The Sydney teenager, who appeared in a chilling Isis (Islamic State) propaganda video after leaving Australia to join the terror group, was groomed by terrorists the same way paedophiles groom their victims, a terrorism expert has said.
During the video, entitled Message Of The Mujahid 4, 17-year-old Abdullah Elmir launches a scathing attack on the US-led coalition that is conducting airstrikes on the group's "caliphate" in northern Syria and Iraq.
Greg Barton from Monash University's Global Terrorism Research Centre said that Elmir was recruited by well-known Australian terrorist Mohammad Ali Baryalei through social media.
"It's like sexual predation," Professor Barton said.
"Somebody might strike up a friendship in an online chat forum and present themselves in a different fashion to try to get them into their web.
"By the time they actually meet the people they're speaking with, they may be in too deep to know better."
Barton says that Elmir comes across as a "pawn in the machine" in the video, obviously being used for propaganda purposes to reach a western audience.
"He thinks he's the star... but the reality is his new friends have got him a one-way ticket," he said. "He's not in charge of his own destiny at all, he's being used."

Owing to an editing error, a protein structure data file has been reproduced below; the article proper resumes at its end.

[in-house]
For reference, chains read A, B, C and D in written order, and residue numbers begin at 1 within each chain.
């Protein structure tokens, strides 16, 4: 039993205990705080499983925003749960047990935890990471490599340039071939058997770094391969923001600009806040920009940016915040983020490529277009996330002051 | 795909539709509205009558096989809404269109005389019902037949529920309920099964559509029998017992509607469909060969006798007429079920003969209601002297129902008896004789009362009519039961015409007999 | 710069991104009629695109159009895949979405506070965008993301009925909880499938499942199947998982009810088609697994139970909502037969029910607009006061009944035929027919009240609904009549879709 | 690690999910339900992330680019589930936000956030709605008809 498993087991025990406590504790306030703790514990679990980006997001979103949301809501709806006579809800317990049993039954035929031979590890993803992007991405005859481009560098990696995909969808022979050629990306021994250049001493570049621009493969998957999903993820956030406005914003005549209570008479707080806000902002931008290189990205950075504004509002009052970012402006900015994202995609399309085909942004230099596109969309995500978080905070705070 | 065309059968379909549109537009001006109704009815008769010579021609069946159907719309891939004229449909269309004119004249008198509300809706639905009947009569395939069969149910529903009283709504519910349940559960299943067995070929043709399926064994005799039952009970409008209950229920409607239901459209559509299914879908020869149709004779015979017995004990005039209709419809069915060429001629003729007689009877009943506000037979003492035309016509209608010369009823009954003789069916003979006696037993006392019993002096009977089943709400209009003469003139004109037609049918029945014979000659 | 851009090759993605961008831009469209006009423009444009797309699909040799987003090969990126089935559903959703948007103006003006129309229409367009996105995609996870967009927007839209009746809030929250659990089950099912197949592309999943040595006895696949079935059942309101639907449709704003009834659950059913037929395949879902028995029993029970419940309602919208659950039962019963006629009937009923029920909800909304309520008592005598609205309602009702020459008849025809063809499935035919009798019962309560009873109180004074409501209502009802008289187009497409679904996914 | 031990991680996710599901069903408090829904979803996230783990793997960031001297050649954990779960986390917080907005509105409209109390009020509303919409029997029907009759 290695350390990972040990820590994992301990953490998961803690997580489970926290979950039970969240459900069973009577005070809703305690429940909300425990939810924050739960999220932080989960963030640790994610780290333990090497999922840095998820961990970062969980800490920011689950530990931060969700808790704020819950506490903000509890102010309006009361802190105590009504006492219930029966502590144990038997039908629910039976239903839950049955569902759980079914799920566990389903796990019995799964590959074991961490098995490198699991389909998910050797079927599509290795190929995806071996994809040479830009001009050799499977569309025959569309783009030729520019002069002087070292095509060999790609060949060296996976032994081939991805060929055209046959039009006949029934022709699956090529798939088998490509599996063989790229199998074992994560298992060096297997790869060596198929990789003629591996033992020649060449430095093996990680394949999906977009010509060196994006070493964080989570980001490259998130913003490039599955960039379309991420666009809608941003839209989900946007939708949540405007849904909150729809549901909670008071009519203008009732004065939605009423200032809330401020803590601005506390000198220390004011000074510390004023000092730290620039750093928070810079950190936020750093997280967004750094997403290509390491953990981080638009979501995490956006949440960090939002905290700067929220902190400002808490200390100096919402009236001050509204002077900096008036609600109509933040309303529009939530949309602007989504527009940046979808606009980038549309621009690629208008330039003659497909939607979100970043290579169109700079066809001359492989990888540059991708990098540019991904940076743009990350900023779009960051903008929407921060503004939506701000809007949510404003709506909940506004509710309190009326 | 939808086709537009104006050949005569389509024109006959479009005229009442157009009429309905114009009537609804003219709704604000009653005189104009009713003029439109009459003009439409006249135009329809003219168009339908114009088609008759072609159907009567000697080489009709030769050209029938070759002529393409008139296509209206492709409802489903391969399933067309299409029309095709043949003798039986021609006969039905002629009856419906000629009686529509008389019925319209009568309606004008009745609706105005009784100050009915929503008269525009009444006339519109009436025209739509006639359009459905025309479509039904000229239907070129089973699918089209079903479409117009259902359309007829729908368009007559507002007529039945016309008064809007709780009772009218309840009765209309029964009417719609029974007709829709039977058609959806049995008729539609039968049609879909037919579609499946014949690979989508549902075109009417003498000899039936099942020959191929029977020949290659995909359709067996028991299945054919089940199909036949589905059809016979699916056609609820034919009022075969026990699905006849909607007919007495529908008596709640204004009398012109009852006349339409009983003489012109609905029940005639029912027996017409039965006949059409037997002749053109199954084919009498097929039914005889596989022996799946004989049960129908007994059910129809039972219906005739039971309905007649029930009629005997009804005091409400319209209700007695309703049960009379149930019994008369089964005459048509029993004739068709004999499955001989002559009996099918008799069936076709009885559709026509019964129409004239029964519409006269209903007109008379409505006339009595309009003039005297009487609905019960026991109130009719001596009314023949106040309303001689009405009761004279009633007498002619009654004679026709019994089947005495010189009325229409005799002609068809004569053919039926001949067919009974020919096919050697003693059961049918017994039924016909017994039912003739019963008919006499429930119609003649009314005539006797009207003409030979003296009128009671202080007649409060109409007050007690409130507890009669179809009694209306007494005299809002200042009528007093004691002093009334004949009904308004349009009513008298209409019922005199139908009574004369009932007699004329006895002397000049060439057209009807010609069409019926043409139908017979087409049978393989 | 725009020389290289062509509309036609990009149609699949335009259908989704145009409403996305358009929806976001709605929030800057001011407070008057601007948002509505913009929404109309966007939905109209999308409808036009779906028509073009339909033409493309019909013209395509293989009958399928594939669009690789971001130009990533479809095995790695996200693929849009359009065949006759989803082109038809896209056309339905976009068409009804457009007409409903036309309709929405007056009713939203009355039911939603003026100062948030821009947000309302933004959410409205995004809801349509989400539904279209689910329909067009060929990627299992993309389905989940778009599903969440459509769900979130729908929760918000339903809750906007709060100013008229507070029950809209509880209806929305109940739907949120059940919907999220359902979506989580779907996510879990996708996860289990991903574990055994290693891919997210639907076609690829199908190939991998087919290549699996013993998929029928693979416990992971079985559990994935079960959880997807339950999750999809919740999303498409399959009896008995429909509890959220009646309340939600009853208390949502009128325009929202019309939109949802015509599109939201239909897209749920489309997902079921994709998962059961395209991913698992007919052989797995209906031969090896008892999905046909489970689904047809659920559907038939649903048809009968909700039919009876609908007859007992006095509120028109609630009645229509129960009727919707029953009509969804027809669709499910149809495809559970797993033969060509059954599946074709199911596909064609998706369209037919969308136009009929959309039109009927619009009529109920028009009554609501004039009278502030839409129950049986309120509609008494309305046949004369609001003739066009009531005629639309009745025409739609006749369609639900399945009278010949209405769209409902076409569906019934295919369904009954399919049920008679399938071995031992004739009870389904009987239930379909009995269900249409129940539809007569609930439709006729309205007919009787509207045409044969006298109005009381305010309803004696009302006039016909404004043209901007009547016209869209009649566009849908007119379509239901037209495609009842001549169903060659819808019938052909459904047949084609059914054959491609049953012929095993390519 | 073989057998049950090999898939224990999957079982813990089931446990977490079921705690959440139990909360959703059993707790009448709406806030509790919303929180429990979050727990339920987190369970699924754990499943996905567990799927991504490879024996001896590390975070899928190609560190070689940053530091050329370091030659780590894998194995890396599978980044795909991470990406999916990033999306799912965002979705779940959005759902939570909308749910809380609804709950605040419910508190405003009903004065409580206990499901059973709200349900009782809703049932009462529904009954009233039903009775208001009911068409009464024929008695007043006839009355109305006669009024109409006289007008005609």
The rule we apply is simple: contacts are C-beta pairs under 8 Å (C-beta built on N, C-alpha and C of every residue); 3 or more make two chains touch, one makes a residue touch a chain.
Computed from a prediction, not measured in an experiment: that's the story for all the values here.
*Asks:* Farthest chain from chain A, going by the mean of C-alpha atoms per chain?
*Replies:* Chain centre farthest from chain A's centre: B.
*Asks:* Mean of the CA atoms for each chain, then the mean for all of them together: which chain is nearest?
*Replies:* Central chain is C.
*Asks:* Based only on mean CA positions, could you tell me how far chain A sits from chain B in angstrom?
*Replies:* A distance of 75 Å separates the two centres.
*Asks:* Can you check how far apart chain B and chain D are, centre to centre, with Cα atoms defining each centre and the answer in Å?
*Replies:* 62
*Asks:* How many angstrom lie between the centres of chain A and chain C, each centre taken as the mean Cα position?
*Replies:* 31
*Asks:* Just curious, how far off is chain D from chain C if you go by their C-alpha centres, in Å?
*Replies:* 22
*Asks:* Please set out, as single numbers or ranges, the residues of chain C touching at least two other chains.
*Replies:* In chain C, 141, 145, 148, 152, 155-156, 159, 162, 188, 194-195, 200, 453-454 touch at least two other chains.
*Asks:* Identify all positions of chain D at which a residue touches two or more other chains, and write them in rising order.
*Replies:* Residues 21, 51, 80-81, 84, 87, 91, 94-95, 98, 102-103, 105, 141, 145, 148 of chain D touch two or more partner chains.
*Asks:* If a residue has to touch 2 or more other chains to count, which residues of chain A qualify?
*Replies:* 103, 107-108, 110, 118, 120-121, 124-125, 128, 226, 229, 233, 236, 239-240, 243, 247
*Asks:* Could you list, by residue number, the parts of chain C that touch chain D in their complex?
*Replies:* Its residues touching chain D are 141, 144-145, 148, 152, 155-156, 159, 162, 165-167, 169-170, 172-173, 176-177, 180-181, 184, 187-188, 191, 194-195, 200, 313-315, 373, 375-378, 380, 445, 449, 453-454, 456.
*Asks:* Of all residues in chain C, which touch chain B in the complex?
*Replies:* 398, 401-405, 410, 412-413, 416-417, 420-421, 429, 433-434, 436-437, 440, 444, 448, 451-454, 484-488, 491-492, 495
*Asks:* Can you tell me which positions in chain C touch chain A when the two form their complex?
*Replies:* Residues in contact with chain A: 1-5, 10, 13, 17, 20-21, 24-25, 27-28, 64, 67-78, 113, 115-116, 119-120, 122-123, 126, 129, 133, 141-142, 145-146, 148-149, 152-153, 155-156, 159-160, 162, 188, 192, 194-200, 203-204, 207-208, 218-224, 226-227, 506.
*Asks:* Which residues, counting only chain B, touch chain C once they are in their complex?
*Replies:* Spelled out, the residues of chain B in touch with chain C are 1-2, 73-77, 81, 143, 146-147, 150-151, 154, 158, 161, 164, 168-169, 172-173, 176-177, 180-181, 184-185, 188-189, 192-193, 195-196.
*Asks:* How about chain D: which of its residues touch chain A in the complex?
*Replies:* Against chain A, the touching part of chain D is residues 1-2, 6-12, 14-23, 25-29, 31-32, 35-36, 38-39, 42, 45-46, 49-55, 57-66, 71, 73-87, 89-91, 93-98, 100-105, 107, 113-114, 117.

It is believed that the teenager travelled to Syria to fight for the terror group after disappearing from his home in Sydney in June. He is believed to have told his mother that he was "going fishing".
He warns in the video that the terror group will continue its war on the West until it flies a "black flag on top of Buckingham Palace".
"I say this about your coalition: you threaten us with your countries, bring every nation that you wish to us, bring every nation that you want to come and fight us. Whether it's 50 nations or 50,000 nations, it means nothing to us," he says in the video, seemingly reading from a script.
"Bring your planes, bring everything you want to use because it will not harm us because we have Allah which is something you do not have."
Barton adds that it is no surprise that such a young Australian has been radicalised by the terror group as youngsters are the easiest prey for jihadists.
"Teenagers, twentysomethings, particularly young men more than young women, are vulnerable to making rash judgments," he said.
"And they tend to be more rebellious towards [older] generations and sceptical of establishment figures."
According to Barton, Elmir's recruiter Mohammad Ali Baryalei has claimed "to have recruited 30 plus young people, mostly in western Sydney, through Street Dawah."
In northern Syria, fighting has continued between Kurdish defenders and Isis militants for control over the city of Kobani on the Turkish border, following two days of calm after weeks of clashes.
Turkey has performed a U-turn and given permission for Kurdish peshmerga forces from northern Iraq to use Turkish territory to reach the Syrian city and aid depleted People's Protection Units (YPG) fighters.